Thunder Bay 2014 Logo

Rails to the Lakehead
Canadian Railway Convention
Thunder Bay, Ontario
September 30th to October 2nd

CRC Logo


Here is a list of confirmed clinicians.

Bill Skrepichuk, "An Overview of CPR Construction 1883-85 along the North Shore of Lake Superior"
The presentation includes an Image rich account of the section between the Nepigon River and Pic River highlighting major Bridge works, Cuts Curves and Tunnels, Quarries, work Camps, and others.

Ed Freeman, "Port Arthur’s iron mining past"
A review of the impact upon Port Arthur of railway construction and iron mining.

Gerald Harper, "Thunder Bay area railway bridges - something for everyone"
The rugged terrain of the north shore of Lake Superior combined with the deltaic environment of Thunder Bay has created the topographic environments for every conceivable style of engineered railway bridge. From high trestles to bascules and swing bridges this presentation will highlight the why's and where's of these bridges and provide insights on what and how to model.

William Waithe, "The CN Weston Subdivision : Modelling freight operations of an urban industrial area"
A brief description of the subdivision as it was in the past and as it was in 2000 when we began operations will be followed by a description of the (proto-freelance) layout and how its design was retro-fitted to simulate the prototype.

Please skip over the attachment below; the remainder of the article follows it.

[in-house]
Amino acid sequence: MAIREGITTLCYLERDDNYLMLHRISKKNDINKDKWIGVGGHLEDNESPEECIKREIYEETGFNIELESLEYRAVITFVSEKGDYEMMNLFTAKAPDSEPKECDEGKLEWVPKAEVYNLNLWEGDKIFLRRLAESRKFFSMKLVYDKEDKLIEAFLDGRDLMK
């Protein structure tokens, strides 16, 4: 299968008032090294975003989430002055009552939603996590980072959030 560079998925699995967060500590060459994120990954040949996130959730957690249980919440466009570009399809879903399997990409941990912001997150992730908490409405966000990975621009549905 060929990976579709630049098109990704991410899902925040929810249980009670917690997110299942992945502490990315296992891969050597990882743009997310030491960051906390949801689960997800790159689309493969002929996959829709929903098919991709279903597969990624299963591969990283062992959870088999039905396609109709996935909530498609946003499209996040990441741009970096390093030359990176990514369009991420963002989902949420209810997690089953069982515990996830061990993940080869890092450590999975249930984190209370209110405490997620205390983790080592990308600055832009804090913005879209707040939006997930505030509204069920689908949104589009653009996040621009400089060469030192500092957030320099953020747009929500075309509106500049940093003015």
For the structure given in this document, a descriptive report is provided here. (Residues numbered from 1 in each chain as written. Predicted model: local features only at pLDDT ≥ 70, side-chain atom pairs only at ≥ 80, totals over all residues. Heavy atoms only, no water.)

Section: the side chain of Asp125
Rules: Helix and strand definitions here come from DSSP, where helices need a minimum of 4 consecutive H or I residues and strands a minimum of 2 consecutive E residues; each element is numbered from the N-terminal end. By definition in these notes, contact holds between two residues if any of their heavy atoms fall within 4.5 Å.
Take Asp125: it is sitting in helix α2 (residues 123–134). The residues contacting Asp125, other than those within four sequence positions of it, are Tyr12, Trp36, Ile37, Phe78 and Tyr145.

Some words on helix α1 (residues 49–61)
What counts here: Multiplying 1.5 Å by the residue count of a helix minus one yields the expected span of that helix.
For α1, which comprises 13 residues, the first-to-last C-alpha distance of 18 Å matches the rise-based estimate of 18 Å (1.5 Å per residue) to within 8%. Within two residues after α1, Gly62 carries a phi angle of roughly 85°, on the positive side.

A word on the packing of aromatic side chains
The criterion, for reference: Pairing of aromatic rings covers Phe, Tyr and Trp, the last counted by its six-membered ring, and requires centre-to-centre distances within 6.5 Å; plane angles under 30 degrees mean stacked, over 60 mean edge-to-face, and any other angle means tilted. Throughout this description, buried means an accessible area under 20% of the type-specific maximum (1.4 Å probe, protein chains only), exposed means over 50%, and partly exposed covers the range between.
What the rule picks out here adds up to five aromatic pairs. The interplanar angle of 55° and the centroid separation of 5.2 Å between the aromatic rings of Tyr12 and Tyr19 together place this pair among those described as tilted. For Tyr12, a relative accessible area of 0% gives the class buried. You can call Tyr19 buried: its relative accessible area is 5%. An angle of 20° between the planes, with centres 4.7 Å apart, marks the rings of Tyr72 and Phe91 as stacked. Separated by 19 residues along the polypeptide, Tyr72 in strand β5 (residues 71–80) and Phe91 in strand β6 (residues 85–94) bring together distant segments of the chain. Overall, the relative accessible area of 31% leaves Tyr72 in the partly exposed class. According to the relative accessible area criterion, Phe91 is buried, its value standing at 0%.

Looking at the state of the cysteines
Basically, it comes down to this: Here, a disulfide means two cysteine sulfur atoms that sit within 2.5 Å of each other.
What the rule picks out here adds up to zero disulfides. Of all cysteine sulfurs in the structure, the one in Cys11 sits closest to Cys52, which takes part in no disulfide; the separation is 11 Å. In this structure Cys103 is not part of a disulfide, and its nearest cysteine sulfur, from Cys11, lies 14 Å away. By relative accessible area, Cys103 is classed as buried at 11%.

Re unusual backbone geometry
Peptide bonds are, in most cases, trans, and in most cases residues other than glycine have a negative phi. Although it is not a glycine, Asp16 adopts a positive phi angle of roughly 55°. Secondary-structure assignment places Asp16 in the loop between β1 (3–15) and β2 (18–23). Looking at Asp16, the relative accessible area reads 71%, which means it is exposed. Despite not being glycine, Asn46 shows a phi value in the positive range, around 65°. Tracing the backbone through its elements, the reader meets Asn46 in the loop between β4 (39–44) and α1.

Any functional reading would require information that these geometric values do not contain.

Mike Walton, "Prototypical British Operation on the Lostock Junction Railway."
Windermere is a terminal station in England’s Lake District. In the summer of 1953, a weekday's operation started at 5:10 a.m. with the arrival of the 23:05 from London Euston. At the end of the day (23:05 p.m.) 20 trains had arrived, been reversed and sent back down the line.
On the "OO" gauge Lostock Junction Railway, these operations are replicated at a model of Windermere Station. There are mainly passenger trains but two goods trains arrive daily to be shunted according to daily train orders and sent back down the line. Simultaneously up to 10 trains weave their way around the 45' x 25' layout. In all it takes 10 skilled operators to run the layout. It has taken 12 years and over 140 operating sessions with several control system upgrades to develop this integrated method of operation.
The presentation will include an overall description of the railway (prototype and model), a description of the method used to compress the schedule and some insight into the traffic control methods.

Dave Battistel, "Rails into the Wilderness-The Port Arthur, Duluth and Western Railway"
This presentation focuses on the early history and construction of the PAD&W Railway. Political and financial intrigues will be highlighted, as well as the economic motivations for constructing line and will include many period and modern photographs.

Bill Trbovich, "The Algoma Central Railway"
The history of the Algoma Central Railway and its contributions to the development of the Soo and Northern Ontario.

Descriptions and update will be made as the information becomes available.